This article illustrates via an example, how applying patient-centric design thinking techniques helped CityMD in fulfilling its vision by automating patient workflows. Patient-centric design thinking: In order to provide excellent quality care, it is important to take a patient-centric approach in designing solutions. The steps involved in this approach include:
Sensing Intent: This is the starting point in any design innovation process. The intent here is to explore any potential opportunities to reduce patient wait times via the use of automation and thus enhance the overall patient experience.
Knowing the Context: The company studied the current environment to determine how innovation and automation could perhaps help in achieving the company vision. The processes outlined below:
• Paper-based records - Patients filled out multiple medical information forms and also signed multiple patient consent forms.
• Double data entry - The front desk personnel processed the paper forms by keying in all the information from the paper forms into the Medical Records System (EMR). They also scanned the paper forms and attached them to the patient medical records.
• Transcription errors - Transcription errors were not uncommon due to either not understanding the patient handwriting or inadvertently keying in the wrong information into the EMR. This resulted in some billing and claim submission issues.
Know your Consumer: This is a key step in the process. Consumers have adopted technology at a rapid pace whether it is the use of the Internet, mobile devices, social media or IoT (Internet of Things) powered devices. Today, technological solutions are ubiquitous at home, in the office or wherever the consumer travels, including airports, banks (ATMs), and even movie theaters, and since they have embraced paperless solutions everywhere else, consumers as patients now expect a similar experience from their healthcare providers.
The front desk personnel perform multiple functions, including greeting the patients, verifying insurance eligibility, entering data from paper forms, collecting co-pays, making specialist appointments for patients, and discharging them.
In order to provide excellent quality care, it is important to take a patient-centric approach in designing solutions
This staff would rather spend time performing the most important tasks and communicating with the patient than entering data from paper forms into the EMR.
Framing Insights: Based on what the company learned from mapping the current registration process and its inherent deficiencies, and what they read and observed about the consumers, the following insights were gained:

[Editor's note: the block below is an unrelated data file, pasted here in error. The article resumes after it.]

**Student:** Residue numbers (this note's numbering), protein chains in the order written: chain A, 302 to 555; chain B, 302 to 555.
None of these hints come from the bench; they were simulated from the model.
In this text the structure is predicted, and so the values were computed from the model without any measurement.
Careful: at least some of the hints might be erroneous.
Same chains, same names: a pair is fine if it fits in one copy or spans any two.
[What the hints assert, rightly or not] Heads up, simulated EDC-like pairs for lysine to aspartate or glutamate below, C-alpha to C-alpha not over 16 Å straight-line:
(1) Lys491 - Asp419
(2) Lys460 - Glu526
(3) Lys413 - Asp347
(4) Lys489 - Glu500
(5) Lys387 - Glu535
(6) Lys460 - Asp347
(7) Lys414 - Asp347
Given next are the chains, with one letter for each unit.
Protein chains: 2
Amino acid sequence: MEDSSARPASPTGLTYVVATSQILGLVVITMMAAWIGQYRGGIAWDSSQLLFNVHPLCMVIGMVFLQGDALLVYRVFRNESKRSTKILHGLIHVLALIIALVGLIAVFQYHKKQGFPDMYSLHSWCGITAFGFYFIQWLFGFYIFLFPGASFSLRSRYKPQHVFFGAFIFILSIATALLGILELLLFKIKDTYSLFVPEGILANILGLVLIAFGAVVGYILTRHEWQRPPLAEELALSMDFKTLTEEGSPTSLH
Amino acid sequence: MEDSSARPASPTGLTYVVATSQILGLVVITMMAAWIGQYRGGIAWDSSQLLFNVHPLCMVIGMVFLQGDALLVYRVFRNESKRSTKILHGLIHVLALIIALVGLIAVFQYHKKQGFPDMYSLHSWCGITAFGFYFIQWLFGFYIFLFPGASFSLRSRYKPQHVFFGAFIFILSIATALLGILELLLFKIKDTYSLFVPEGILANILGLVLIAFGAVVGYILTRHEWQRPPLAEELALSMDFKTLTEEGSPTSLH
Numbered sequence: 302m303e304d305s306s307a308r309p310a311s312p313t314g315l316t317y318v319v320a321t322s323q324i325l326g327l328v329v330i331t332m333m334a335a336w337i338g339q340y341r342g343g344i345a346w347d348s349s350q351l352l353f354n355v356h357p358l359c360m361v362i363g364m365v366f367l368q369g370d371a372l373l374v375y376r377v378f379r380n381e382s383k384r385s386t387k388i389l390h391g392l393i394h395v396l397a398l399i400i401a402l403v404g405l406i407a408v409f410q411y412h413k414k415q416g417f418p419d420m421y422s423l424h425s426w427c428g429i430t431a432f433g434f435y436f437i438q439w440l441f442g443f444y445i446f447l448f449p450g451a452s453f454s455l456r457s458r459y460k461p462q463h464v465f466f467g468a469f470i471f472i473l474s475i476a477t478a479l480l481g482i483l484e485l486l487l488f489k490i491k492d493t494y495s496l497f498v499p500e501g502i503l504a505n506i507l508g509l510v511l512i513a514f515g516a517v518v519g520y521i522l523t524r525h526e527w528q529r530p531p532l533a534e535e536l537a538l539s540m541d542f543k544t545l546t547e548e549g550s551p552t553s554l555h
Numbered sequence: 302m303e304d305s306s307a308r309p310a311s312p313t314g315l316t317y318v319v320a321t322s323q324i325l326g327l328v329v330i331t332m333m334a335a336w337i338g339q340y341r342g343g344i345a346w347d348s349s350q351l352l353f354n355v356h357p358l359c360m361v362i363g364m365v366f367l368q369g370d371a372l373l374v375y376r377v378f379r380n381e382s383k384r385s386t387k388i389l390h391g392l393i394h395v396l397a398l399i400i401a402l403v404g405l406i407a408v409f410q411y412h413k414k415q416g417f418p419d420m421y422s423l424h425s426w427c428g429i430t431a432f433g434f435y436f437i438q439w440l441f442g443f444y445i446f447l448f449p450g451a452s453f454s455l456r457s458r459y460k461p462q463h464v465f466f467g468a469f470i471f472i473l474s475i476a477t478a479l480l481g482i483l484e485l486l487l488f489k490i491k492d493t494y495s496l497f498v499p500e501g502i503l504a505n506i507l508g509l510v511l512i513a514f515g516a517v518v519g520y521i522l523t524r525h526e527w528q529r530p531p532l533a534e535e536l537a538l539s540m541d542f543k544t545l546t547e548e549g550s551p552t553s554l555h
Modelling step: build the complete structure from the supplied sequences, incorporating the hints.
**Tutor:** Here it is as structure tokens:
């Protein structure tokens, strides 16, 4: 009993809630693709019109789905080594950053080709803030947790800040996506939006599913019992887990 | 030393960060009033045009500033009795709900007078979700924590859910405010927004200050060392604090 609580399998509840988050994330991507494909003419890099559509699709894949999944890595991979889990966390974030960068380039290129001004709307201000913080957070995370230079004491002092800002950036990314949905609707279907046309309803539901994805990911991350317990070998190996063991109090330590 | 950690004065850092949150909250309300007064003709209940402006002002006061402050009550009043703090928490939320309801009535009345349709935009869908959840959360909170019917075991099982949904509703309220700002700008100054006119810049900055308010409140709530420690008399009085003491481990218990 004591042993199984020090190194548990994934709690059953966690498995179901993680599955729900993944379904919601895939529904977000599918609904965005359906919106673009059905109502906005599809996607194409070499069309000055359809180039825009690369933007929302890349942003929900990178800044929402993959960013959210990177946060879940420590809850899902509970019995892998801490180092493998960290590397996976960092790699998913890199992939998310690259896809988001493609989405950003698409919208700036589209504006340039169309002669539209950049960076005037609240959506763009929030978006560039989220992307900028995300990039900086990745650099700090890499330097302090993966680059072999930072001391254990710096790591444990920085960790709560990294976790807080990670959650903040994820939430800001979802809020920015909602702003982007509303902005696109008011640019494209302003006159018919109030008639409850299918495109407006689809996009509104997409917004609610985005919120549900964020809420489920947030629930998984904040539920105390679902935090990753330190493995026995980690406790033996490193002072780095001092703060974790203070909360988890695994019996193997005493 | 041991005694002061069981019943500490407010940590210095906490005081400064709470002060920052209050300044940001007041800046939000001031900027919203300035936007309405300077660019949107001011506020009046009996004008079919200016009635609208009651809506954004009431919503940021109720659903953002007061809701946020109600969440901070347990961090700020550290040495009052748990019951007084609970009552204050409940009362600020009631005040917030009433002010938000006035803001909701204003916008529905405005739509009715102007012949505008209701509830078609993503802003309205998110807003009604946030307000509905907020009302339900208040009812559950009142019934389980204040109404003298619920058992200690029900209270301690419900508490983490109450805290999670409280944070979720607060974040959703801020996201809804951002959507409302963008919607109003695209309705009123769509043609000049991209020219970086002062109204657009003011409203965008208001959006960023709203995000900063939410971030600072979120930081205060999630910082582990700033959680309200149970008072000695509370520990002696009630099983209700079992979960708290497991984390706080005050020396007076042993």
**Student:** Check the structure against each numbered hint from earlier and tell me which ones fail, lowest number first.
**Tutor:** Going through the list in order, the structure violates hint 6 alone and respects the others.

• Online Registration - Some healthcare practices allow the patient to register online in advance. While this solution works in most healthcare settings, since CityMD is an urgent care company, almost all patients just ‘walk-in’ to the facilities. Hence, online registration may not benefit urgent care patients.
• eSignature Pads for Patient Consents - While this will provide a paperless solution for recording consents, the patient would still have to fill out paperwork for everything else.
• Device-based check-in-front desk personnel can give the patient a device where they can enter and review all the information. Once completed, all the information is transmitted to the EMR.
Explore Concepts: CityMD decided to explore the device-based check-in alternative. There were a few choices that were considered for patients.
• The devices could be handheld and given to patients.
• The devices could be affixed to the front desk.
• A stand-alone kiosk could be used. The company selected this concept because consumers were more accustomed to kiosks at airports and banks. This option also supported the ability to easily scan driver’s licenses and insurance cards.
• The company also explored various screen sequences/flows on-screen instructions, to identify the optimal set of screens and sequences.
Realize Concept: The company decided to pilot the stand-alone kiosk. The solution was first deployed at one test site for one month. The willingness of the patients to use the solution, the time saved during the registration process, the reduction in the number of errors, and the overall patient experience were closely observed. The goal was to see if at least 40 percent of the patients checked in via the kiosk. During the month, about 65-70 percent of the patients used the kiosk. Based on the learnings from the pilot, the organization tweaked the screens, the locations of the kiosk, and made other adjustments. Currently, all urgent care sites have at least two kiosks. The patient feedback has been overwhelmingly positive.
• About 80 percent of the patients check-in via the kiosk.
• It takes less than a minute for a returning patient to check-in.
• It takes about two minutes for a new patient to register and check-in.
• All the data from the kiosks are automatically transferred into the EMR.
• Error rates and claims denials have reduced considerably.
• Paper consumption has gone down dramatically.